Re: I have a 1960s replica wire tune-o-matic but it lacks sustain
Physics dictates (thermodynamics) that energy degrades, moving from one form to another until it reaches the point it can't become any lower form of energy. In doing this, energy tends to follow the path of least resistance on its way to becoming weaker forms of energy. In a guitar, the string's vibration forms an exit for energy, and is the easiest exit for that energy up to a point - once you put more energy into the string's vibration than the string itself will be able to comfortably dispose of, that energy will find another way out. Increasing the sustain of a string relies on providing that energy with as few alternative ways out as possible.
As a result, things that will increase sustain -
1 - Harder contact points with less contact area. (Saddle, nut, tuner, frets, etc) The less surface area of the string is in contact with the hardware, the less area there is for energy to be transferred into the rest of the guitar. Making these areas harder will stop the string wearing into the hardware over time and lessening the efficacy.
2 - Less contact points.
The extreme case for this would be to have a guitar moulded out of an infinitely hard, dense, and strong material, all as one piece with zero adjustable hardware and therefore no moving parts beyond the string. Being infinitely impervious to any outside force, the string would be completely unable to dump excess energy into the structure itself, therefore sound, and a small amount of heat causes by the friction of the molecules and windings within the string itself, would be the only things that the string could produce to rid itself of kinetic energy and return to a state of equilibrium.
Seeing as we can't do this, things like making one piece moulded bridges without intonation adjustment, will have to do. This is one of the main reasons floyd rose guitars have common complaints about sustain - the number of components the string is attached to, all of which can move and be vibrated, is insane!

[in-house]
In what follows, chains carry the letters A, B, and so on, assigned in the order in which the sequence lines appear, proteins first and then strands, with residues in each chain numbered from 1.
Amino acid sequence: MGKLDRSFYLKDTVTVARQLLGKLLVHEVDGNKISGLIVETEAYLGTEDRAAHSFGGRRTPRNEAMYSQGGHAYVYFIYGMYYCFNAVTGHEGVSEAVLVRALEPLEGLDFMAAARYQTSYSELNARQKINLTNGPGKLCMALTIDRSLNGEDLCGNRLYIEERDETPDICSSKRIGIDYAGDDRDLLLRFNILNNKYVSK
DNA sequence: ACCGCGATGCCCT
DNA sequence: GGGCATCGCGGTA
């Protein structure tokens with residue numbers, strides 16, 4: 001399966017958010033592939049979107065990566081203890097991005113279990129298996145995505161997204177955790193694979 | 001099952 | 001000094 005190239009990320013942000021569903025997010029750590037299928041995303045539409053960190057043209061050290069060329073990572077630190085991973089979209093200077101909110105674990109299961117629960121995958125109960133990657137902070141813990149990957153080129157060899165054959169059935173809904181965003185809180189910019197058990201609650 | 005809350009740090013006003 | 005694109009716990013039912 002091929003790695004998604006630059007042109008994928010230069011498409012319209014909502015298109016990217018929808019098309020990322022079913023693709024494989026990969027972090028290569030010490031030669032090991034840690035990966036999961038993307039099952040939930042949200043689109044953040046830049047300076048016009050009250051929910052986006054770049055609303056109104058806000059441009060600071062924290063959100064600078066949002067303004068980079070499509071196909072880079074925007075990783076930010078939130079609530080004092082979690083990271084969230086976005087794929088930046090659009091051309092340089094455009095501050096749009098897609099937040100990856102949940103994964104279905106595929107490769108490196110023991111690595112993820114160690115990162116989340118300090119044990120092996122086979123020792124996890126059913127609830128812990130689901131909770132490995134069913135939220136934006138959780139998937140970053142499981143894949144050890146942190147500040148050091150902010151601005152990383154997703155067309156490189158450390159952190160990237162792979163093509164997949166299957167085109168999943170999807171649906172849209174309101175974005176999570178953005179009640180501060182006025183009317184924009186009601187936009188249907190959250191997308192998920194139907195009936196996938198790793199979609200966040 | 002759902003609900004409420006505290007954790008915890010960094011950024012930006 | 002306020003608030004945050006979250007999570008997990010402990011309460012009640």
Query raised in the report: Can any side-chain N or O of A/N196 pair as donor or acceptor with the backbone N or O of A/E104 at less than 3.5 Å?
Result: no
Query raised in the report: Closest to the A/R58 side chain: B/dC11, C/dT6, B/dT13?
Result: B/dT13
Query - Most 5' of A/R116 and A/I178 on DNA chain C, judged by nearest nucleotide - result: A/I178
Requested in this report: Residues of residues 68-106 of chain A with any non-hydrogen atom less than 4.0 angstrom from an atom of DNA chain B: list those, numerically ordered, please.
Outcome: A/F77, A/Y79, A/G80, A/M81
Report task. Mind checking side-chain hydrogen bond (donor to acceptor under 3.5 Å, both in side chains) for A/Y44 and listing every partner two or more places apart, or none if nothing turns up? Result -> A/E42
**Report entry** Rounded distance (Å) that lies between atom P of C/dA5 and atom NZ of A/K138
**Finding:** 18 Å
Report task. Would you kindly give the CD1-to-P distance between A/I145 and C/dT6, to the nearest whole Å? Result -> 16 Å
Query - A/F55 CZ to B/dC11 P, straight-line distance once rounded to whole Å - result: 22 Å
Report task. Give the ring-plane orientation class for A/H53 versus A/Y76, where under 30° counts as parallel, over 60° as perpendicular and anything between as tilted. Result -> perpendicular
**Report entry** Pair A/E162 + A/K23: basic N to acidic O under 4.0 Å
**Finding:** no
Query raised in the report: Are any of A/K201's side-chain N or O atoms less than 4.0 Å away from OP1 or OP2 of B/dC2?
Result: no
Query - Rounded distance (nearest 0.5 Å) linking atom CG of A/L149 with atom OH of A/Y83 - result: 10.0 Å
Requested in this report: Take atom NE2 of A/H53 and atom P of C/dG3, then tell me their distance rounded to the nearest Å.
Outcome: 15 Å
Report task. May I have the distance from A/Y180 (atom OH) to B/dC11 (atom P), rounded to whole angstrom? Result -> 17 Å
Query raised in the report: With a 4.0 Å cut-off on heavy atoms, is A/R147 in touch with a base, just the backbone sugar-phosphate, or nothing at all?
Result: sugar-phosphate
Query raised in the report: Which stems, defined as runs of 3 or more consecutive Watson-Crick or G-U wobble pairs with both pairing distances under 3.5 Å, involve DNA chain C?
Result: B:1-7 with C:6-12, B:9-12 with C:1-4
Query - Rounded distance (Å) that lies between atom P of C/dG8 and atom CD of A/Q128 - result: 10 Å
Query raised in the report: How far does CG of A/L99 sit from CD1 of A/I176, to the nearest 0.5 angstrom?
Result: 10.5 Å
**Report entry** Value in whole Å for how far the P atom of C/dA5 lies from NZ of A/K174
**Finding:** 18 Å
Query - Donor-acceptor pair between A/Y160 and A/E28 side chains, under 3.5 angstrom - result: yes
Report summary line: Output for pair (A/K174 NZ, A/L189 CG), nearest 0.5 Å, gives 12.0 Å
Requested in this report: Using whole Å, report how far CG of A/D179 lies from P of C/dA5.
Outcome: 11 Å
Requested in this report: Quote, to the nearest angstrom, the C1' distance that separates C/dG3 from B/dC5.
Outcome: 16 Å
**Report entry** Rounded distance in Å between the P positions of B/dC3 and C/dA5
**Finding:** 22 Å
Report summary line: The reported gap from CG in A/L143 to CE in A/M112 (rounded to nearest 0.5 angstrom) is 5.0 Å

See also - why neck thru guitars sustain a long time, why fixed bridges sustain longer than tremolos, why locking tuners can help increase sustain (less movement around the capstan), things like Gotoh's magnum lock tuners are similar to this too, removing captsan post vibration from the system. etc etc.
This is the easiest point to actually address practically by design, so there's no shortage of products to help with it. Except maybe...
3 - More mass.
The greater the mass of an object, the greater its inertia and the greater the force required to put it into motion. In a guitar body, the inertia of the body vastly exceeds that of the string. If we continue to increase the mass of the body (presuming the body forms one homogenous system of equal strength, where the string is the only moving part), then the inertia required to move not only the body, but any part of the body, including resonance and pure vibration, becomes harder too. As a result, the string dumps that energy into sound once again.
This is why using brass hardware, tungsten sustain blocks, thick necks, thick bodies, heavy mahogany, and products like the "fat finger" all work to increase sustain - They add mass to the body. This also has the positive effect of moving "wolf tones" out of reasonable ranges - a very light, flimsy, weak guitar, will have wolf tones all over because it's essentially hyperactive - unable to supress the mixing of unrelated frequencies that will unintendedly boost the fundamental of a given note via waveform cancellation and addition. Making the guitar and its parts too solid, heavy and inert to have this happen, means they can only happen when huge amounts of force are used to strike the string. In an ideal world, such force that would never be used.
So yes, heavier hardware works to increase sustain. It's pretty much the only thing that DOES work, save for getting creative design wise and using hardware that suppresses vibration and cuts down on moving parts.
Oh, and you'll also get more treble lift - the treble frequencies, being the smallest amplitude, tend to be the ones that an inefficient system will bleed off first and fastest. (Hence why a bad guitar will have sharp sounding attack and ****ty dull sound notes that fade out too fast) - This is a good thing. Natural production of sound is a subtractive process - you can't add more treble to the string or the system. You can only design a system where less of that treble is lost. Since it's being lost because it's easy to bleed off via inefficiencies, making the system of sustain more efficient, will also mean your notes retain treble frequencies in greater quantity for greater durations.